The Rambam would have to agree that each vessel of the Bais Hamikdash served a distinct practical role, yet he offers a different assessment of the role of the Menorah. One troubling part of the Rambam’s interpretation is the effect the Menorah was supposed to have on the individual, ultimately bringing him to hold the Bais Hamikdash in high regard and produce a sense of humility. The problem is, one could argue that the Bais Hamikdash itself, along with all of the vessels, was set up for this purpose. What was the Menorah adding to the picture? Let’s first understand the overall formulation of the Rambam. This vessel seems to go against the mold, lacking any particular role in the Bais Hamikdash. As mentioned above, light functions to illuminate. However, we see another instance in halacha, by the ner Chanukah, where this function is “removed” from light so that it may serve as a vehicle to a specific idea. The halacha is clear that we are not allowed to benefit from the Chanukah light whatsoever. Instead, the lit candle draws us into thinking about the miracles of Chanukah and the important ideas that emerge from it. The same could then be said about the Menorah and its candles. The lights of the Menorah were structured to function as a vehicle for the ideas listed above by the Rambam, and were not meant to illuminate.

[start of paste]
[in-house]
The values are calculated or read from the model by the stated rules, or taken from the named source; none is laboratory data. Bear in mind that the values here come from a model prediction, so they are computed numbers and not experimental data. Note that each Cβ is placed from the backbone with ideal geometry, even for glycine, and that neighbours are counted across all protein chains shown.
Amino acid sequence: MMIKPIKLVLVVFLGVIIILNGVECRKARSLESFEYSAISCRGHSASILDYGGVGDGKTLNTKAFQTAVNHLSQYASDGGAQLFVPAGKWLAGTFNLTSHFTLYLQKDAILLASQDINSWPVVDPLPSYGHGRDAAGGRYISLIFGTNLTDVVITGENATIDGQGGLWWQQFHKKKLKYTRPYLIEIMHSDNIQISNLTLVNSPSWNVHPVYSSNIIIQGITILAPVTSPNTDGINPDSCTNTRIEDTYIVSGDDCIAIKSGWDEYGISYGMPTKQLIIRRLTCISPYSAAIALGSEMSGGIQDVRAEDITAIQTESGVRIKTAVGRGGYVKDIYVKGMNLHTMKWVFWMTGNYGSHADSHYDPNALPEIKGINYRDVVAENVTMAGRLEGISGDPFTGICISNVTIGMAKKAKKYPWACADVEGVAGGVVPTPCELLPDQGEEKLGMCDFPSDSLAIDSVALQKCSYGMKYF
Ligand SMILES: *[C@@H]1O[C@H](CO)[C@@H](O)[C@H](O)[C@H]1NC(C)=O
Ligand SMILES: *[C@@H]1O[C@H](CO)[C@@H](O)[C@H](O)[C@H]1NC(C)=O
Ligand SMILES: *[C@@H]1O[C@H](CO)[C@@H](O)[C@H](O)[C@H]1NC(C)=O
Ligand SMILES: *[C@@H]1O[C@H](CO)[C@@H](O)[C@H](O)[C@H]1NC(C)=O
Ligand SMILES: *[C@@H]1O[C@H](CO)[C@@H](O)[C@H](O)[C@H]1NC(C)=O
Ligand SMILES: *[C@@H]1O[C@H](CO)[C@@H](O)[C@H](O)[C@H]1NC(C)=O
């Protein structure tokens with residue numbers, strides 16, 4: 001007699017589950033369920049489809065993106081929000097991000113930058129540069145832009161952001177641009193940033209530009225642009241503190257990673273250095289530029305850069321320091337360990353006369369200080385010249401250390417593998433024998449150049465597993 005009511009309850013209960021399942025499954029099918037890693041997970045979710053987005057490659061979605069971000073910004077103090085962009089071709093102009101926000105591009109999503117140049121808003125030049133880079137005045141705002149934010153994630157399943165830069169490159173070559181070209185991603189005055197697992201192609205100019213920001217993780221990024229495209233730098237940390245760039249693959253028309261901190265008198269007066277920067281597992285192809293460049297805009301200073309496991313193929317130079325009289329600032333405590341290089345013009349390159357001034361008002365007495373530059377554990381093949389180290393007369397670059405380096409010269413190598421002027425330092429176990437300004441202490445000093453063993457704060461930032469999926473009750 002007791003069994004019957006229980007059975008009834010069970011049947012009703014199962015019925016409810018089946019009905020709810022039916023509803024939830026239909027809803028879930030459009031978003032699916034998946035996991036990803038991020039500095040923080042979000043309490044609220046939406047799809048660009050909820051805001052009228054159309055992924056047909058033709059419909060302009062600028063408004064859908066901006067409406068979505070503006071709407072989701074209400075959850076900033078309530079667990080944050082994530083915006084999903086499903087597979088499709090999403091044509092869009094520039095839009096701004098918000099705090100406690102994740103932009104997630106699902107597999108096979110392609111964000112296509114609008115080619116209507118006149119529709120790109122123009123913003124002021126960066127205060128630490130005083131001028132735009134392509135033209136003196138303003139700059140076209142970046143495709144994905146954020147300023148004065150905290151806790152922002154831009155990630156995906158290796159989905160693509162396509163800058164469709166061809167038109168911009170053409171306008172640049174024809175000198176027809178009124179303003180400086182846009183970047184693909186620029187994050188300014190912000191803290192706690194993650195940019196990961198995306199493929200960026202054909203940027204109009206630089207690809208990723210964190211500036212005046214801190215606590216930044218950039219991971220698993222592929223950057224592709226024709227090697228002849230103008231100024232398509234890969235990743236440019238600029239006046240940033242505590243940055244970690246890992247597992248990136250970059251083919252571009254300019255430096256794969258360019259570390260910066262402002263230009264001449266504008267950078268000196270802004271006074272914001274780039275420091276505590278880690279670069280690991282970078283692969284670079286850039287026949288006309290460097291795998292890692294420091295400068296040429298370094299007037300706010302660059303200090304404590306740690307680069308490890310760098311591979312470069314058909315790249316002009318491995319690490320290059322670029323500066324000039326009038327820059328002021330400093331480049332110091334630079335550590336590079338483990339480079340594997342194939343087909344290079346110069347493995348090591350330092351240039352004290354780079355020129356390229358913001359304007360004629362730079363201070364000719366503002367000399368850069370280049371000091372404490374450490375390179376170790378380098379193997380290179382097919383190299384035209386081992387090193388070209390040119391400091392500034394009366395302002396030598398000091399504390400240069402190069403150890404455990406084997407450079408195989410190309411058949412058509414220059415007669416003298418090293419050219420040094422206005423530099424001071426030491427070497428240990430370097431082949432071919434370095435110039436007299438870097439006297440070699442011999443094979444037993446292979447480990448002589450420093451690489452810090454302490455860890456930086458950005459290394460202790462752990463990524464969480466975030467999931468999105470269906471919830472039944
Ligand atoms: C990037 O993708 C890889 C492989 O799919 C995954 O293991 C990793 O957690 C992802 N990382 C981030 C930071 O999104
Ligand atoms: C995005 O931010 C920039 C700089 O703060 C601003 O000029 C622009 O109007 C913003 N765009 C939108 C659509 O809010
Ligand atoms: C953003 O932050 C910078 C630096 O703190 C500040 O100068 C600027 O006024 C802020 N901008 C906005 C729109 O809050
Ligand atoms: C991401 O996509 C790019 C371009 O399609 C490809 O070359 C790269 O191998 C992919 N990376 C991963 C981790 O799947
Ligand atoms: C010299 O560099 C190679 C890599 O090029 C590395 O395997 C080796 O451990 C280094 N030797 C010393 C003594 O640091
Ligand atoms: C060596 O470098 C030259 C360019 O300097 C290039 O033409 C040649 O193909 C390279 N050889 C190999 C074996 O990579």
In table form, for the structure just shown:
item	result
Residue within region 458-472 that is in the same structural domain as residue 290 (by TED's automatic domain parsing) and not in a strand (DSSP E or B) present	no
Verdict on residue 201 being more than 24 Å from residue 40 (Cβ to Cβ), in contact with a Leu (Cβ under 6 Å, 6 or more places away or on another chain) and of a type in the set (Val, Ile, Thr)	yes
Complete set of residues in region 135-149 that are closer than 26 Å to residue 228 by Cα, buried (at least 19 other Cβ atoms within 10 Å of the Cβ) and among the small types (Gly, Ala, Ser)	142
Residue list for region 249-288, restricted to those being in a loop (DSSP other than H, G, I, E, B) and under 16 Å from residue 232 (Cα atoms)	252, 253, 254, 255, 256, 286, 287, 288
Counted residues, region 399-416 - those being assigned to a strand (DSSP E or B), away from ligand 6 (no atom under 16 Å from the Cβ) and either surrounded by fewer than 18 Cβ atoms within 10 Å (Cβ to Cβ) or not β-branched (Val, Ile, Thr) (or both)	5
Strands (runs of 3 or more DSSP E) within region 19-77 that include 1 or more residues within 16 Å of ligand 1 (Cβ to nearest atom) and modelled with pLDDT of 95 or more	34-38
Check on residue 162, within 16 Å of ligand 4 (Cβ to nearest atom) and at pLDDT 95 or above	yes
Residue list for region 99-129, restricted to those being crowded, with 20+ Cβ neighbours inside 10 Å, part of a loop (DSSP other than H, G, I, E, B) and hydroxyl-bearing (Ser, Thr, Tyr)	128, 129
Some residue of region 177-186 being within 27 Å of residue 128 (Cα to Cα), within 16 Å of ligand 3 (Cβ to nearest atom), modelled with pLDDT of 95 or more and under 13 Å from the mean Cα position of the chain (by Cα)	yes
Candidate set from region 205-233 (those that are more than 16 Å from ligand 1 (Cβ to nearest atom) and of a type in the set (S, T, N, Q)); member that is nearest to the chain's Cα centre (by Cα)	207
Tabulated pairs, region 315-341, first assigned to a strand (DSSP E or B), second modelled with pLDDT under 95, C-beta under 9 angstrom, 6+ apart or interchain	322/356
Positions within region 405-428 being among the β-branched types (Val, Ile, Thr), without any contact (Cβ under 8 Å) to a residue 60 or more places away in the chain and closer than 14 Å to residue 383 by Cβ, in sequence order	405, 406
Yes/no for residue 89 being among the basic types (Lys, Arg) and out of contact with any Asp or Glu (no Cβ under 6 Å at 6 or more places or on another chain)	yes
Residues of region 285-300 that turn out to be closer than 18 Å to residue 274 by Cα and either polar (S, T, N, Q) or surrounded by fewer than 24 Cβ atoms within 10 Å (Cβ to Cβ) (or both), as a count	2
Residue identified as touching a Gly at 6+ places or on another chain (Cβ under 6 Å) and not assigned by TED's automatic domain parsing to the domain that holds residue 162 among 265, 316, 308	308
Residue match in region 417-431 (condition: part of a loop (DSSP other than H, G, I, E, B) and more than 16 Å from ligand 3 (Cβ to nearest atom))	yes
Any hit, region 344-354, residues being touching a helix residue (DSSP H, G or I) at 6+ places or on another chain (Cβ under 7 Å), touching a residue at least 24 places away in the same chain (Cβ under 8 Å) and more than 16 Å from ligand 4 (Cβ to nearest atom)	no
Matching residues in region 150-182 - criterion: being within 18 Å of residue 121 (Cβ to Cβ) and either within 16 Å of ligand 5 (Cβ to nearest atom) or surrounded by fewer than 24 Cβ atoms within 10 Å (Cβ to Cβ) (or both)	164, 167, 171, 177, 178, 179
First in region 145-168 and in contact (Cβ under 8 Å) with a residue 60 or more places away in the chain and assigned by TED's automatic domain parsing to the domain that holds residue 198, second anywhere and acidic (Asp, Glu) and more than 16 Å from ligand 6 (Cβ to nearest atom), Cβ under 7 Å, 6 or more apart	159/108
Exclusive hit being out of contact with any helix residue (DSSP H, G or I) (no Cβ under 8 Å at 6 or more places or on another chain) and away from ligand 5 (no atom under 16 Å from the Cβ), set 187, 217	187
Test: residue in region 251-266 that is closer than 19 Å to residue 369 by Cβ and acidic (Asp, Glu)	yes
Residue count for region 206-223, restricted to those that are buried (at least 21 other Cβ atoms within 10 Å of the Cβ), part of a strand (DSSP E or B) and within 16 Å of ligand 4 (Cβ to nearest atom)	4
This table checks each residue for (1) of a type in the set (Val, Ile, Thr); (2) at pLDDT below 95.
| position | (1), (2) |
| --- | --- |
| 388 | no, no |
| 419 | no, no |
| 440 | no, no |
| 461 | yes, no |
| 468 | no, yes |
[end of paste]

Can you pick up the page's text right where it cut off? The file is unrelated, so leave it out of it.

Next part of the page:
While this may provide insight into the overall difference in the potential functions of the Menorah, there is still the issue of how this fits into the general idea of klei-mikdash, the Temple's vessels. Without a practical function, how would it still retain its status as a vessel? It could be the Rambam is basing his assessment of the Menorah on a different understanding of its status as a vessel. As we know, the purpose of the Bais Hamikdash was to serve as a vehicle in understanding God, opening a pathway to significant and distinctive ideas. The vessels themselves reflected the wisdom of Hashem, both in their construction as well as in their use. One might think, then, that it would be through their practical usage that one would have access to this area of knowledge. In other words, the study of the vessels of the Bais Hamikdash would take place through their handling. If this were the case, then those removed from their usage (i.e. – everyone but kohanim) would think they were closed off from these ideas. The Menorah serves to refute this notion. It is the one vessel that, by definition, has no utilitarian value – and that is its very function. It demonstrates that access to the system of knowledge was not dependent solely on the use of the vessels. To have a vessel that existed for no practical purpose served to remind the individual that the method of analysis of the vessels was not dependent on their daily usage and was therefore available to everyone. 

May we merit to see the building of the Bais Hamikdash in our lifetimes.